Student Protection Plan

1. Risk Assessment

An assessment of the range of risks to the continuation of study for your students, how those risks may differ based on your students’ needs, characteristics and circumstances, and the likelihood that those risks will crystallise

The University of Buckingham is an established provider of over 40 years’ standing. Founded in 1976, the University was incorporated by Royal Charter (RC000730) on February 11th, 1983 and is authorised to award taught and research degrees in perpetuity. The University is listed on the UK Register of Learning Providers (UKPRN 10007787) and is registered with both the Office for Students as an Approved Provider and the Charity Commission for England and Wales as a not-for profit Charity (Charity Number 1141691).

The University’s risk profile may be divided into four categories: financial, organisational, reputational and circumstantial / environmental. Risks are evaluated for materiality and probability and assigned an owner whose responsibility is to ensure that the agreed mitigation is put in place.

The University’s last audited accounts (year ending December 31st, 2019), reveal a turnover of £39.95M (£39.79M Group) and total net assets of £13.75M (£20.16M Group). Gearing remains low with the University maintaining a £5M term loan and an unused £7M revolving credit facility and occupying an un-mortgaged built estate with an independently-assessed book value in 2021 of £48.7M.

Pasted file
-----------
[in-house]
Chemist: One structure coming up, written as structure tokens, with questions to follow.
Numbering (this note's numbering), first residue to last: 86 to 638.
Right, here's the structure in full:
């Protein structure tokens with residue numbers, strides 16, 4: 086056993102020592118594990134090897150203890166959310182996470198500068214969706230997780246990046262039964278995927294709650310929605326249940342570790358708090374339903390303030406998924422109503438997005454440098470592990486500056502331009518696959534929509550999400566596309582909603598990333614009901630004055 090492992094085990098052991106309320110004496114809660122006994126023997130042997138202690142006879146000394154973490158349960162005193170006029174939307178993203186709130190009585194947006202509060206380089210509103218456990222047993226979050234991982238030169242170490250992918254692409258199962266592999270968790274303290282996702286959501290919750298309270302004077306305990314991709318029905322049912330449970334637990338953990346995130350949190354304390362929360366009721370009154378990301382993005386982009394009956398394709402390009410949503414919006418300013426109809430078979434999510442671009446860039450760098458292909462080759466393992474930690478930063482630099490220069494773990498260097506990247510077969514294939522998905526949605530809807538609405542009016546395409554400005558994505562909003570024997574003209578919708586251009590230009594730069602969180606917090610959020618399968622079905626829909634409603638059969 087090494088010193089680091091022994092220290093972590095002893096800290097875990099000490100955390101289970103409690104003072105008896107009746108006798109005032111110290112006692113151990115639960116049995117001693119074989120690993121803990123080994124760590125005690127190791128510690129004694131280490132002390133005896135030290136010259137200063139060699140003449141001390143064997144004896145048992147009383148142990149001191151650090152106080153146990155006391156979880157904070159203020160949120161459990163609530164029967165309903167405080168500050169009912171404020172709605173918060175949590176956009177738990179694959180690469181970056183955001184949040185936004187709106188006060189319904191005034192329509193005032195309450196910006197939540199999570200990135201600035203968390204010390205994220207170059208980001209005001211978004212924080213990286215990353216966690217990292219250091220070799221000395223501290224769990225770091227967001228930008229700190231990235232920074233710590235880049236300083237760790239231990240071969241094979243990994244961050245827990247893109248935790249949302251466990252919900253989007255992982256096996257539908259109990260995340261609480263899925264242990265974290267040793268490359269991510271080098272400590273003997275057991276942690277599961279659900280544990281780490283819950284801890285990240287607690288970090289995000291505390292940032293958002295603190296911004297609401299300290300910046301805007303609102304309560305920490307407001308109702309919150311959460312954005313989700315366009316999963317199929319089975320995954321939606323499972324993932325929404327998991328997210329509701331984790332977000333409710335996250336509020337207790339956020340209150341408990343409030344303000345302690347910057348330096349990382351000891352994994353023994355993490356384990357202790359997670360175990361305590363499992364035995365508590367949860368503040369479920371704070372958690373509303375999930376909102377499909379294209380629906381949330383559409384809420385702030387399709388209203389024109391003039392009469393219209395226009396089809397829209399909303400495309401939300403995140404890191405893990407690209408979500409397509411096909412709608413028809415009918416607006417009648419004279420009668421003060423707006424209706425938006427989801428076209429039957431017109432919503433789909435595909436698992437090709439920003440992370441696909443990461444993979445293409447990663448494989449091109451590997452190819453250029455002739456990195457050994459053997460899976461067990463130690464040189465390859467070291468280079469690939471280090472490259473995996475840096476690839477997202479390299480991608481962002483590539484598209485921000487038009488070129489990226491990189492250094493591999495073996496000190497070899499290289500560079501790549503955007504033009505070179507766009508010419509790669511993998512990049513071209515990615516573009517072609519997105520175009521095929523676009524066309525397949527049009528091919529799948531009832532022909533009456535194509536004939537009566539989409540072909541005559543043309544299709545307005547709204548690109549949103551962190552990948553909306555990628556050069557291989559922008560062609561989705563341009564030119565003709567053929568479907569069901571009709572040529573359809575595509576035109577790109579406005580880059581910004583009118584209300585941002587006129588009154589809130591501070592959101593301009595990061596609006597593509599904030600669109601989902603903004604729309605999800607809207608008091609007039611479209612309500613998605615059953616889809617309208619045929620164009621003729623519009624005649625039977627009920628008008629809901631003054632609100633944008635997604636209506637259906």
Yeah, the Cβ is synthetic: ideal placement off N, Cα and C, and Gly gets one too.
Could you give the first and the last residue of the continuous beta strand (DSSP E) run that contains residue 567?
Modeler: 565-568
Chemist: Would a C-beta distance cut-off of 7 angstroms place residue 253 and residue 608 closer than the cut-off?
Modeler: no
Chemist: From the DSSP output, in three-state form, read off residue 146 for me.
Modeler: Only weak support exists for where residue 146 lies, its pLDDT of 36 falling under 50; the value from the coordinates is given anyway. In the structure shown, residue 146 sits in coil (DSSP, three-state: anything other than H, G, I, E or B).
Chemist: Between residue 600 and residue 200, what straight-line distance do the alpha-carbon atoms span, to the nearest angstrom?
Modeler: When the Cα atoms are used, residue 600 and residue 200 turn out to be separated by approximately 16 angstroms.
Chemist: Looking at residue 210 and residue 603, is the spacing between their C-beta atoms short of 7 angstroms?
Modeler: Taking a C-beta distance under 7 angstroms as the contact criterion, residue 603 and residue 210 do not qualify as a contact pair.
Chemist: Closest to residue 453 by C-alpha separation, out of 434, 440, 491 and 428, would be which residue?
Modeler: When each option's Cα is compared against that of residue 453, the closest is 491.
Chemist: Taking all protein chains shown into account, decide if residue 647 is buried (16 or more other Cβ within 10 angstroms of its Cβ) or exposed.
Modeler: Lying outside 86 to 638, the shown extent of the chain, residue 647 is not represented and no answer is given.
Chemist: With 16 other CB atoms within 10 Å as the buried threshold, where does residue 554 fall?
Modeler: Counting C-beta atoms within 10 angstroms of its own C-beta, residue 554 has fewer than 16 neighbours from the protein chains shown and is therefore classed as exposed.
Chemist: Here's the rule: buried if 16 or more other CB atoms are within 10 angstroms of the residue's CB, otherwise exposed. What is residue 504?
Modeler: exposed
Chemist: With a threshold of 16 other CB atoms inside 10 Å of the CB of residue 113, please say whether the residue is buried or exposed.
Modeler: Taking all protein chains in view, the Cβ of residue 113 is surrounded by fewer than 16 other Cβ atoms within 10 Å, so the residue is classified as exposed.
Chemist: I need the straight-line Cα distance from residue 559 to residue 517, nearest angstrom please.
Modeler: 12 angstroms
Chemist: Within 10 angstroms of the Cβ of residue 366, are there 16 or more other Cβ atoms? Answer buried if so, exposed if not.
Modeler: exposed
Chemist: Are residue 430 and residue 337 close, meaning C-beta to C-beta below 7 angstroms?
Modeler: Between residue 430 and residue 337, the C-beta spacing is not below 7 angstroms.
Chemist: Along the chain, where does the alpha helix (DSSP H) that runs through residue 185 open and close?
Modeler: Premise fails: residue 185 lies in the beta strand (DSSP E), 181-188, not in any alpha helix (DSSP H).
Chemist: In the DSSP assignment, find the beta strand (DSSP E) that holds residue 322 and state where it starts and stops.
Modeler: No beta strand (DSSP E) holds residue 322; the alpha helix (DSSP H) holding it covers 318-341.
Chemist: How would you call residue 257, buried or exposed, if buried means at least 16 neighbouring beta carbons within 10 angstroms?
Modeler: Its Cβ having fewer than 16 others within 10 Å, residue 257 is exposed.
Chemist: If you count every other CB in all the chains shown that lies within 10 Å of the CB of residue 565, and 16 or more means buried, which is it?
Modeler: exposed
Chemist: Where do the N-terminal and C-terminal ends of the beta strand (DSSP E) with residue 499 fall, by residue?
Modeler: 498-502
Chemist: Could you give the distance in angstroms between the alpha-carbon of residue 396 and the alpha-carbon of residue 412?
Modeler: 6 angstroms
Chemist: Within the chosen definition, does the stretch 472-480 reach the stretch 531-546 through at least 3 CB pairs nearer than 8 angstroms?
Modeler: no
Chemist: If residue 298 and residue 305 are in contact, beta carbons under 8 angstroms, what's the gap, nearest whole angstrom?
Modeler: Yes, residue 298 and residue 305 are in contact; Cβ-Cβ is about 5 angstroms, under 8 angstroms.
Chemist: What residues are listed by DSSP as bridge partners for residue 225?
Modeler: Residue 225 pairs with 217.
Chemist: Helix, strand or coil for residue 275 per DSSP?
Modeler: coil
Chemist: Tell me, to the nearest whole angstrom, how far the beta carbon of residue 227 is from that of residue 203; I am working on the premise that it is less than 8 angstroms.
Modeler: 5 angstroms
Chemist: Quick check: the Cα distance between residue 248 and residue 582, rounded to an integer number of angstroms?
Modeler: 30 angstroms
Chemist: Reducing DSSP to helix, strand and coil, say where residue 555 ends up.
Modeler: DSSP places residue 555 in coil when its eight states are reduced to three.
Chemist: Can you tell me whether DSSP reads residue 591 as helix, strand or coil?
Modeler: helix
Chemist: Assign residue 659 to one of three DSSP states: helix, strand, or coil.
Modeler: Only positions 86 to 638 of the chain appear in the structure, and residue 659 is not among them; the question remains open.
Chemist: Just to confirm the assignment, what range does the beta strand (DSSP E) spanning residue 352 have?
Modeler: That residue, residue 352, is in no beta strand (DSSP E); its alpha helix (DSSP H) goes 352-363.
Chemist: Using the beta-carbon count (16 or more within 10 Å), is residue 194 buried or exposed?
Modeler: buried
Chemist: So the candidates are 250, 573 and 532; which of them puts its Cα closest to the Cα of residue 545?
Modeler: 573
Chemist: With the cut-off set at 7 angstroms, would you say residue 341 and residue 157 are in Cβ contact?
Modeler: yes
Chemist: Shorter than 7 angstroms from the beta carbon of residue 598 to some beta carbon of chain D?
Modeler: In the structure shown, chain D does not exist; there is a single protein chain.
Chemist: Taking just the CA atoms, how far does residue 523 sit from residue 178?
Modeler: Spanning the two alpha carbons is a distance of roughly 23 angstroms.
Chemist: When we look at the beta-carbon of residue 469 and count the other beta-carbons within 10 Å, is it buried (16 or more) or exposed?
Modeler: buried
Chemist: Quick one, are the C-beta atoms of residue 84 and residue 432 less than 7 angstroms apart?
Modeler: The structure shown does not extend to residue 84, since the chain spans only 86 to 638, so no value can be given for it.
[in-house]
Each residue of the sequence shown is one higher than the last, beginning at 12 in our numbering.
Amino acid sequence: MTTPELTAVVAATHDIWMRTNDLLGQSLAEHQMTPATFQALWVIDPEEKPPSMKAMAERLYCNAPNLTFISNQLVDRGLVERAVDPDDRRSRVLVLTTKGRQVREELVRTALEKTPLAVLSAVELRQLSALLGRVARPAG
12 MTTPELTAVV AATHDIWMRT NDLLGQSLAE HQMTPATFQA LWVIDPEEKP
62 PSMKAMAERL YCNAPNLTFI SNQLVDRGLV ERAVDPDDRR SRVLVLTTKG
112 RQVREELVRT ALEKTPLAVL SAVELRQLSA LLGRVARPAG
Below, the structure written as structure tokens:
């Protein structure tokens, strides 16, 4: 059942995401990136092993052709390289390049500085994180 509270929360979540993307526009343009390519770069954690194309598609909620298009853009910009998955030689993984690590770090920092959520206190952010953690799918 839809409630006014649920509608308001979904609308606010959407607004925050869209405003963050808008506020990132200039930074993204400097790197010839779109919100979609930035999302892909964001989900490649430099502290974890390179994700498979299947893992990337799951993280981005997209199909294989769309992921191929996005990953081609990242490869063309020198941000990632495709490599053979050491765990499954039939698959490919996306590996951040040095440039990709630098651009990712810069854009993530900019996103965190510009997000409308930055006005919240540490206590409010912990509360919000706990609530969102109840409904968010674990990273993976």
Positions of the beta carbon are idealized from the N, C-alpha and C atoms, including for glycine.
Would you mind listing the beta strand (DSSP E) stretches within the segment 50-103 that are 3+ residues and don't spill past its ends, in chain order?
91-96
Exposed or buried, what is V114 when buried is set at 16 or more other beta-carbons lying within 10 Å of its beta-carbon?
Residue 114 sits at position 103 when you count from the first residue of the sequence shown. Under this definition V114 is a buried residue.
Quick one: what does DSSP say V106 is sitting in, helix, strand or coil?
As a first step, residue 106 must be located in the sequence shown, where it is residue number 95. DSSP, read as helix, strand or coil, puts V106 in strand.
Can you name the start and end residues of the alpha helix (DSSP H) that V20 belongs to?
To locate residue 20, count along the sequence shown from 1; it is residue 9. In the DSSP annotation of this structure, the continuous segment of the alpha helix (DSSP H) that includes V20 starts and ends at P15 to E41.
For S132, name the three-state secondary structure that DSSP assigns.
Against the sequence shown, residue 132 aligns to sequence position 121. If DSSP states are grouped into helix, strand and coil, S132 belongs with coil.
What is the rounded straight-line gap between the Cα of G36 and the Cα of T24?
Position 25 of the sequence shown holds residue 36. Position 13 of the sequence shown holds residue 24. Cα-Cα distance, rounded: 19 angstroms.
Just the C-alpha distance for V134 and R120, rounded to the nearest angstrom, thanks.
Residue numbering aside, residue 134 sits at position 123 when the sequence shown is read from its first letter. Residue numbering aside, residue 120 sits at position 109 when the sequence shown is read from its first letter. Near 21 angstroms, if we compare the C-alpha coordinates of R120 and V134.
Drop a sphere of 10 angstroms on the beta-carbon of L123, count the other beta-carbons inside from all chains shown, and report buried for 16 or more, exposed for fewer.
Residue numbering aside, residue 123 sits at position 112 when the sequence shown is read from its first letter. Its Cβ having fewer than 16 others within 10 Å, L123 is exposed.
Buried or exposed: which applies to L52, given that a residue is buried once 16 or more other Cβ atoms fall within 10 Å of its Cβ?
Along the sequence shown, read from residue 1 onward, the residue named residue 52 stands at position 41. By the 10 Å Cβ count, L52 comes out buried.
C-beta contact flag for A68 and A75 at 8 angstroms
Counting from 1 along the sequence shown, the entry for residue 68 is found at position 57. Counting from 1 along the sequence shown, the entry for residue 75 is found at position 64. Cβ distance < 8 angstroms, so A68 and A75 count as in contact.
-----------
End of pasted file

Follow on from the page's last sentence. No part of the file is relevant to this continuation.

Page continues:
The main risks arising from the group’s financial instruments are market risk, liquidity risk and credit risk. The Council, through the Finance, Resources and Estates Committee, reviews and agree policies for managing each of these risks.

The University is exposed to some foreign exchange risk; however, the Council does not consider this risk to be significant to operations and accordingly there are no hedging provisions in place. Interest rate and investment-related risks are managed in accordance with guidelines set by the Council.

The University’s credit control policies provide a comfortable cash buffer derived from fees in advance; prudent budget setting and ongoing monitoring are the main controls. The group’s principal financial assets are quoted investments (held within the related Charity, The University of Buckingham Foundation), cash and trade debtors. The credit risk associated with the investments and cash is limited as the counterparties are established financial institutions. The principal credit risk arises therefore from its trade debtors. The nature of the group’s client base is such that it is not significantly exposed to large customers. The Council therefore concentrates efforts on ensuring that the processes around the giving of credit are sufficiently robust.

The University acknowledges the financial and other risks attached to its major projects including the potential failure to deliver to time, cost and/or quality expectations and/or the expected benefits on completion and has included substantial provision for them in its accounting policies.

With all of the foregoing in mind, the University believes that the risk of institutional financial failure is low.